Heavy snow and freezing winds are no strangers in the winter months. When you’re having a lovely Christmas dinner inside your house, many non-migratory birds in the wild are spending a tough time trying to figure out how to stay warm on the coldest winter night.
So, how to help birds in winter? Since winter is the season of food scarcity, you can offer birds high-energy foods, such as seeds, nuts, and suet in a protected feeder. To roost in winter nights, you can help birds, providing well-sealed birdhouses in your backyard.
Besides that, you can help birds in many ways, giving them a heated birdbath and planting dense trees and shrubs. In this article, we’re now going to talk about all of these, along with why birds need help in winter and how you can help them.
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Why Do Birds Need Help in Winter?
Birds’ life is more dangerous than that of human beings, especially in winter. Although many birds migrate to safe areas, thousands of non-migratory birds have to face many serious hassles, including the attack of owls and hawks, four-legged predators, habitat loss, devastating place, and severe winter weather. That’s why they need help from us in winter.
How to Help Wild/Backyard Birds in Winter
Most winter birds need food, shelter, fresh water, etc. They’re basically seed-eaters and want to stay in birdhouses to roost in the coldest winter nights. If you provide these kinds of stuff to the flying creatures, this will be a great help to them.
For those who are living in an area where winter hits below zero and snow covers the ground for a long time, our following tips will help you a lot to help birds go through the harsh winter weather. So, let’s get started!
- Stock up Nutritious Bird Food: Winter is a challenging time for birds to get enough food sources. If you want to help them, you can stock up winter bird foods, such as seeds, nuts, fruits, in the fall when stores are just getting ready to sell winter products.
- Provide Dry Seeds to the Birds: When winter comes, overwintering birds, such as sparrows, juncos, towhees, doves, and bluestems, cannot find dry seeds to eat. You can help them, providing dry seeds in tube or hopper feeders.
- Scatter Seeds in Secured Places: Some bird species, including eastern towhees, dark-eyed juncos, and tree sparrows, are willing to consume seeds in other secured places, like under your deck, hedges, and bushes. So, scatter seeds for them in these places.
- Offer Other High-Energy Foods: Regardless of seeds, you can offer birds other high-energy foods, like peanut butter, suet, and meat scraps. These foods have fat that gives the birds a lot of energy to cope with harsh winter weather.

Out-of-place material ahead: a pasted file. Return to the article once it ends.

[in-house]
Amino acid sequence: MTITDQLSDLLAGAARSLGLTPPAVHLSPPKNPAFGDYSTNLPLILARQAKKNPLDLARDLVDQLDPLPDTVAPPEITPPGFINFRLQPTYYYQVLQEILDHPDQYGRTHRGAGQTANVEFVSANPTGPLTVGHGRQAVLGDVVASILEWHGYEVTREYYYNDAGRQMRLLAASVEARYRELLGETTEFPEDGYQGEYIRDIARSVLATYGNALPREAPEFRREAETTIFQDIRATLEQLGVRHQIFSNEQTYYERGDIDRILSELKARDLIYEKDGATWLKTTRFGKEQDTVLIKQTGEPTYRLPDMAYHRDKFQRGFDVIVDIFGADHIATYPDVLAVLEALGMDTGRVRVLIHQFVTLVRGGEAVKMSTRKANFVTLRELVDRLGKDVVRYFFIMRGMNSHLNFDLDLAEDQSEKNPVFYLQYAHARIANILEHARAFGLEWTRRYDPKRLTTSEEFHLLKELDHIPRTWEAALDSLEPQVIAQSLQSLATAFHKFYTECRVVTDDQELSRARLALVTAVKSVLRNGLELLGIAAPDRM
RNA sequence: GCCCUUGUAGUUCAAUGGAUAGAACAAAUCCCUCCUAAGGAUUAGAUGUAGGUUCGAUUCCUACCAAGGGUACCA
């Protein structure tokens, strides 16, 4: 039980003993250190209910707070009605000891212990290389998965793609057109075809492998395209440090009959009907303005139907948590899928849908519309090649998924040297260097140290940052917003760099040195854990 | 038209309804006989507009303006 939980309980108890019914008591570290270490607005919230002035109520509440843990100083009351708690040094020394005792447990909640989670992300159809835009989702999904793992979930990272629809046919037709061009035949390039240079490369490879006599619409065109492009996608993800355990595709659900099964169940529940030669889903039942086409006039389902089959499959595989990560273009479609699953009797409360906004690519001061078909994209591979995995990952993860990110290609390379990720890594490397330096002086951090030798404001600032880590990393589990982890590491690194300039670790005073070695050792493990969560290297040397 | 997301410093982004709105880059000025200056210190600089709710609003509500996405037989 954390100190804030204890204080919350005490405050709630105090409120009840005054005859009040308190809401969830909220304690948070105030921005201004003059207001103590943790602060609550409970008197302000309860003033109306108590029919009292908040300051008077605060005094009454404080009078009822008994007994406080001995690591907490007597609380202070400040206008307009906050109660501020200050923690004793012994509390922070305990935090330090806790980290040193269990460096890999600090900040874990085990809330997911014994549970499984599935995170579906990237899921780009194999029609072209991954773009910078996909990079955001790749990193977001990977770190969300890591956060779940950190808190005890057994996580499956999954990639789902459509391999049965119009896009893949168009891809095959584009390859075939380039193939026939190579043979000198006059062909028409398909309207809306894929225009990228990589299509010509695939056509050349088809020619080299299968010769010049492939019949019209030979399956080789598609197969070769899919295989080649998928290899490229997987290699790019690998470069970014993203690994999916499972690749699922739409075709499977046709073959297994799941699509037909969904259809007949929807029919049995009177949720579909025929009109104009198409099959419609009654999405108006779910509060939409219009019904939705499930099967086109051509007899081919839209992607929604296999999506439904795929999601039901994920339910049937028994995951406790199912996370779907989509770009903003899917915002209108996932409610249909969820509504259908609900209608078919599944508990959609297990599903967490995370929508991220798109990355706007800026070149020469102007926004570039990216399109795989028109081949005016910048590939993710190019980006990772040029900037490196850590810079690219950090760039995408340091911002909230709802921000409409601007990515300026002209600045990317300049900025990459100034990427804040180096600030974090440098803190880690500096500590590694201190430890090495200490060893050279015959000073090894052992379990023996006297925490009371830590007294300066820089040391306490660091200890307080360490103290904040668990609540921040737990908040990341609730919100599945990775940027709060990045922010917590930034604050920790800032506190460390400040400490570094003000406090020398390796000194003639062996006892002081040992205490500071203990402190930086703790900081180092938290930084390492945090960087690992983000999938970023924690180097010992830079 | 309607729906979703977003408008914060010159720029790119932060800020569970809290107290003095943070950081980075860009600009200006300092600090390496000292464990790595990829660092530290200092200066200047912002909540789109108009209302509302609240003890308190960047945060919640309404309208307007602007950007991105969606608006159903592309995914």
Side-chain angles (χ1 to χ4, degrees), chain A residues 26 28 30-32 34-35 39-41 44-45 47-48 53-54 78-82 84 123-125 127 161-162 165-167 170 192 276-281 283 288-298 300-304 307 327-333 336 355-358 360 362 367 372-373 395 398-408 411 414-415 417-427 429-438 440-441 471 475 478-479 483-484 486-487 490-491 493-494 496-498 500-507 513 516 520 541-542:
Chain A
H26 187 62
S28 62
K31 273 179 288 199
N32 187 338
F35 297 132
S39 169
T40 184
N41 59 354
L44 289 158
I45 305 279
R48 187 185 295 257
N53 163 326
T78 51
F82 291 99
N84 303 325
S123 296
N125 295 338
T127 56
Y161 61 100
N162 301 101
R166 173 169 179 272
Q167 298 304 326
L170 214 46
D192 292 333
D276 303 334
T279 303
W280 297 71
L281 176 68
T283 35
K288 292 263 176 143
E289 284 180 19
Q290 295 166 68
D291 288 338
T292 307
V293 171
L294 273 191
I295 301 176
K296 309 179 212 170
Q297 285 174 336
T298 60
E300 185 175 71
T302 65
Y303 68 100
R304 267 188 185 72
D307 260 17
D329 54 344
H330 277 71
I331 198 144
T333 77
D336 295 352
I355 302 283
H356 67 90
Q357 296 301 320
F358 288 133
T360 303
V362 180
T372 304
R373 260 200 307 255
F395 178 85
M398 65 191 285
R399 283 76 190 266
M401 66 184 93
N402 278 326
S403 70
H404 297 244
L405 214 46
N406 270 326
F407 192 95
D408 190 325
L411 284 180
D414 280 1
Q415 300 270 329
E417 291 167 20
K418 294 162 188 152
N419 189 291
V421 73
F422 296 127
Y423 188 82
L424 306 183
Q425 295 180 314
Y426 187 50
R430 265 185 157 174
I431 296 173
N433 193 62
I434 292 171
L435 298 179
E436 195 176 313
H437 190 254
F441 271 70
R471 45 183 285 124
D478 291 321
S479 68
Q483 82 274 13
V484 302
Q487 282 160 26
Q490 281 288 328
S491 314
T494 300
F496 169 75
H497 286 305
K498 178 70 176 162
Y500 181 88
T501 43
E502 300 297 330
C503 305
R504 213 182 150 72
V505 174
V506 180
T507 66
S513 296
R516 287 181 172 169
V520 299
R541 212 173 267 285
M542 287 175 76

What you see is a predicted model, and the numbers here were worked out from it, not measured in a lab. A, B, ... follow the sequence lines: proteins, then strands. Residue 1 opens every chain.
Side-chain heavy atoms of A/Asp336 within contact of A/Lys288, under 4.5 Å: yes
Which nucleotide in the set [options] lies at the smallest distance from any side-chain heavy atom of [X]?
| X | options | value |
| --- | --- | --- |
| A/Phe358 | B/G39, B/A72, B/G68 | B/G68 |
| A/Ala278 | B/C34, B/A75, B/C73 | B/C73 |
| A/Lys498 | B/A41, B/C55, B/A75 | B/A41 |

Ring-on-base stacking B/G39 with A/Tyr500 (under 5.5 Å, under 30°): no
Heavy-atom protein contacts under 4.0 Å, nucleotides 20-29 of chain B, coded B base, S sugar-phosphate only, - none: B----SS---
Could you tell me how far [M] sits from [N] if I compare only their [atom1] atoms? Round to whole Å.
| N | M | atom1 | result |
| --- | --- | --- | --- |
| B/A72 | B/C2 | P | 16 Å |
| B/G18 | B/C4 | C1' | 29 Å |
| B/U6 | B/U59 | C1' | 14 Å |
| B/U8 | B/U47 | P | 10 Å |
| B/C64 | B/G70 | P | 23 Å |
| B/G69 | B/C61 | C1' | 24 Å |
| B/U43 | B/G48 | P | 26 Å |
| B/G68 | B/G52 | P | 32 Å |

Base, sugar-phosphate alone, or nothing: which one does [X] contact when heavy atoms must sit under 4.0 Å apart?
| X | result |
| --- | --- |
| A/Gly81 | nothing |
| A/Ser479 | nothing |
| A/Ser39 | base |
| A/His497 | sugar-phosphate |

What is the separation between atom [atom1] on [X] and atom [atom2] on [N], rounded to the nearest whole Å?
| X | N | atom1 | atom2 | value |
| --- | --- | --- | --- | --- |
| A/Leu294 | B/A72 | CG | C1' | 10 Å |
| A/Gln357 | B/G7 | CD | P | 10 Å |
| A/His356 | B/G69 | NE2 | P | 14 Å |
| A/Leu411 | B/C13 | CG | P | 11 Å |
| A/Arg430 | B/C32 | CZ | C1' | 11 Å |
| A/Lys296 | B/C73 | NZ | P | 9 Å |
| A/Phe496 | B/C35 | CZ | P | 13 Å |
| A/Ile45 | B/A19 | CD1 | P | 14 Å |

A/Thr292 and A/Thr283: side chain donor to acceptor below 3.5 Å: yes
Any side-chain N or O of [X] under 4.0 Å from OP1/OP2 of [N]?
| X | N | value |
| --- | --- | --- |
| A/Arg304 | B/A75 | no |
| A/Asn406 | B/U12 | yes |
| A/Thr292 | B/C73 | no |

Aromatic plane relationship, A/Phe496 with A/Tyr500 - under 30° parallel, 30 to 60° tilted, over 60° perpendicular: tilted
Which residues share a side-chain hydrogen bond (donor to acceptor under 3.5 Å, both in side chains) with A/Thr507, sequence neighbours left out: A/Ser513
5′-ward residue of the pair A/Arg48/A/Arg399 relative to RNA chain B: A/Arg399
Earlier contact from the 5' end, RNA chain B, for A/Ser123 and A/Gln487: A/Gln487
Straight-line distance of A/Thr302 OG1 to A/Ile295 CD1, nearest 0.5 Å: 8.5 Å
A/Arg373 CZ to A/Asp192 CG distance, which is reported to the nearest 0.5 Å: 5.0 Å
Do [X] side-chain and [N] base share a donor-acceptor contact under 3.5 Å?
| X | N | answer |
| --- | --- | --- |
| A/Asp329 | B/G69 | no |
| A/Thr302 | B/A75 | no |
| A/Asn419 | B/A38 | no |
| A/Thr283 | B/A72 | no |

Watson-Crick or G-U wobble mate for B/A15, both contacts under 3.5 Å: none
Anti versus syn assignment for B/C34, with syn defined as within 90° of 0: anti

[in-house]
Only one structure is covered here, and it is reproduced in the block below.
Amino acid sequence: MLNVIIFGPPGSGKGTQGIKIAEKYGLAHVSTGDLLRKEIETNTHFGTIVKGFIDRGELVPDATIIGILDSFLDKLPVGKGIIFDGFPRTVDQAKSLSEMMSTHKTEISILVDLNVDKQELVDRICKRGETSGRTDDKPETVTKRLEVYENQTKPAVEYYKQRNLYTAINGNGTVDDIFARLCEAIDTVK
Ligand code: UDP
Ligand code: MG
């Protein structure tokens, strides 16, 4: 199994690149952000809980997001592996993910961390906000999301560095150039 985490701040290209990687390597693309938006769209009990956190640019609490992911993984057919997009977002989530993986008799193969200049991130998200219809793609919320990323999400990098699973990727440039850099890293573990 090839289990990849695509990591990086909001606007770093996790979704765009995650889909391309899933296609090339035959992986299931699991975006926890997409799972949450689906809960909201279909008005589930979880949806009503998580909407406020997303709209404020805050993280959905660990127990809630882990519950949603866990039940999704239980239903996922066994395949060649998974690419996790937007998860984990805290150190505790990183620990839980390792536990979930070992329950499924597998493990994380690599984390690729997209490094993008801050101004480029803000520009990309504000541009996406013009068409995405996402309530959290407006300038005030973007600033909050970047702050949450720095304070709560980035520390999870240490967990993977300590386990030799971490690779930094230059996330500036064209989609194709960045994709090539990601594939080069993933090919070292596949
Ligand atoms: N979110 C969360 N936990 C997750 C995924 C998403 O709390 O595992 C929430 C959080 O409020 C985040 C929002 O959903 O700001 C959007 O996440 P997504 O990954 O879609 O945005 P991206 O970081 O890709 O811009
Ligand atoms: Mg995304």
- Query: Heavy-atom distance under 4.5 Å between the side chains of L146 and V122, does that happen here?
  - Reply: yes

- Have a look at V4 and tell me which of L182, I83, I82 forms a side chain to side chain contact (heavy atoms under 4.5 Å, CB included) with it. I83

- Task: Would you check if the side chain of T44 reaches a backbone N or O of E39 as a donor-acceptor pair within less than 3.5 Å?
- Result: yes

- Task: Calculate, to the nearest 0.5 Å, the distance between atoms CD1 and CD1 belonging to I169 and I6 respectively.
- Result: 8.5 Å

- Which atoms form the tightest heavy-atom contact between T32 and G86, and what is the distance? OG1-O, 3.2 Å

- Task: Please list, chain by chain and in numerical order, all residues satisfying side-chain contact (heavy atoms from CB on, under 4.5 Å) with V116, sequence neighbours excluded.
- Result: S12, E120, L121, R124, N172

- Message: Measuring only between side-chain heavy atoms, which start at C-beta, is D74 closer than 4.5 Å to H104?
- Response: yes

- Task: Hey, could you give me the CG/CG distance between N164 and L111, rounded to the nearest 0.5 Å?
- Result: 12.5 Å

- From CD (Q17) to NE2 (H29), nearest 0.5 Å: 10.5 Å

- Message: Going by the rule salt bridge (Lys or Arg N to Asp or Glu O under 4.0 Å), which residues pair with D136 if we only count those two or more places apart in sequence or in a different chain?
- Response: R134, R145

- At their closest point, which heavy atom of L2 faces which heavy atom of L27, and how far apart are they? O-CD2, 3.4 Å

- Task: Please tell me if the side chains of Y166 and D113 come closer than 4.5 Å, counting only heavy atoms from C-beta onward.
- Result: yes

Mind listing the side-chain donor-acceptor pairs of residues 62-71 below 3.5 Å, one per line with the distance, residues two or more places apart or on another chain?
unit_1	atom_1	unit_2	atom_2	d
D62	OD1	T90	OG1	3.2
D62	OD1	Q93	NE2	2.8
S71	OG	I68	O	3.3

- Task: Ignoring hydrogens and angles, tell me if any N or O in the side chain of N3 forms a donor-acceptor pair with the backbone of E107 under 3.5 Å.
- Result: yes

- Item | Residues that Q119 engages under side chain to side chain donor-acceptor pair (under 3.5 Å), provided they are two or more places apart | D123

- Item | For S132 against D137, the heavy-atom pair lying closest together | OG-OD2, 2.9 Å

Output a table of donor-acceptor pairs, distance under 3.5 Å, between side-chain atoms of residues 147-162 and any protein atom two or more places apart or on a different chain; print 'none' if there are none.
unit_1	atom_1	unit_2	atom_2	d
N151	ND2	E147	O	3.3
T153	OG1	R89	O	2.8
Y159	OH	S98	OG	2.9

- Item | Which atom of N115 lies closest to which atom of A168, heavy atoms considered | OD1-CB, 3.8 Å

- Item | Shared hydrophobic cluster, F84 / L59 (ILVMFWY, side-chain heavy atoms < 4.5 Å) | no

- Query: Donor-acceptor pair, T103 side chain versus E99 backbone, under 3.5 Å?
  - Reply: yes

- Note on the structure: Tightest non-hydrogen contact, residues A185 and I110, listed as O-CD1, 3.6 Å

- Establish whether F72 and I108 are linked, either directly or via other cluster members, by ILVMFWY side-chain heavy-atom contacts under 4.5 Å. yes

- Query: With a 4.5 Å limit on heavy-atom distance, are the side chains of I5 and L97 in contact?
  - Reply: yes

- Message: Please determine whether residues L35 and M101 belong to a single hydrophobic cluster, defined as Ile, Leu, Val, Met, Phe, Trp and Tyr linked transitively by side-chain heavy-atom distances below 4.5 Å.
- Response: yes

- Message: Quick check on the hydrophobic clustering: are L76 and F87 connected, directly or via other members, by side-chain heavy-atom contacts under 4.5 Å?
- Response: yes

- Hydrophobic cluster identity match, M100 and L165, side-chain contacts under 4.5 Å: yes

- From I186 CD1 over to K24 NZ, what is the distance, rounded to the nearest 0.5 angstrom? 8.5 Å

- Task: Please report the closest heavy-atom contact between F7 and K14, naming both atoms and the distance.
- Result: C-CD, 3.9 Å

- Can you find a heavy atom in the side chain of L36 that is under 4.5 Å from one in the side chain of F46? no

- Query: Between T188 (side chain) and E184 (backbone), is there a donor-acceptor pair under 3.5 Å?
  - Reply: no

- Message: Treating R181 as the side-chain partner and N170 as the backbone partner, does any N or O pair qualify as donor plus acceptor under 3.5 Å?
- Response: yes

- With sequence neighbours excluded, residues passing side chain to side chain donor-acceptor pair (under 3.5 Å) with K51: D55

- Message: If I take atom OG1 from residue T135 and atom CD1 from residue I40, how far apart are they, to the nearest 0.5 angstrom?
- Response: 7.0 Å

- Serve Mealworms in a Heavy Dish: If you want to help overwintering birds, you can serve mealworms to them in a heavy dish outside of your house. Using a heavy dish is so important. Otherwise, a strong wind blows the mealworms and dish away.
- Don’t Forget to Give the Birds Water: When groundwater gets frozen, birds cannot find fresh water to drink. To help them in harsh winter weather, you shouldn’t forget to give them clean water to drink and therefore become hydrated.
- Plant Trees That Can Supply Food Sources: If you want to help overwintering birds, you can plant trees that can supply several food sources, including apples, pears, mulberries, and multiple nuts. You can also plant cotoneaster, pyracantha, and malus for them.
- Give the Birds Homemade Treats: To help birds in winter, you can offer them some homemade treats, such as bread, cereals, cooked pasta, rice, eggs, eggshells, cheese, meat, and pet food.
- Wash and Fix Your Current Feeders: Before the air temperature is getting less than 20 degrees Fahrenheit, you should thoroughly wash your current bird feeders. You should also fix the feeders if you notice any issues with them.
- Fill Your Feeders with Foods: Once you’ve washed and fixed your feeders, you should fill them with foods like seeds, nuts, and suet, to give your feathered friends during winter. Ensure that you’re placing the feeders in suitable places.
- Keep Extra Feeders for Harsh Winter Weather: When winter weather becomes too harsh for birds, they might be seeking more help from you. To help them in their challenging situations, you should keep some extra feeders full of enough food.
- Make a Windbreak: Sometimes, bird feeders get buried in heavy snow, especially in the coldest cities in the USA and Canada. If you want to keep your feeders away from snow, you need to make a windbreak with a Christmas tree, plywood, and brush pile.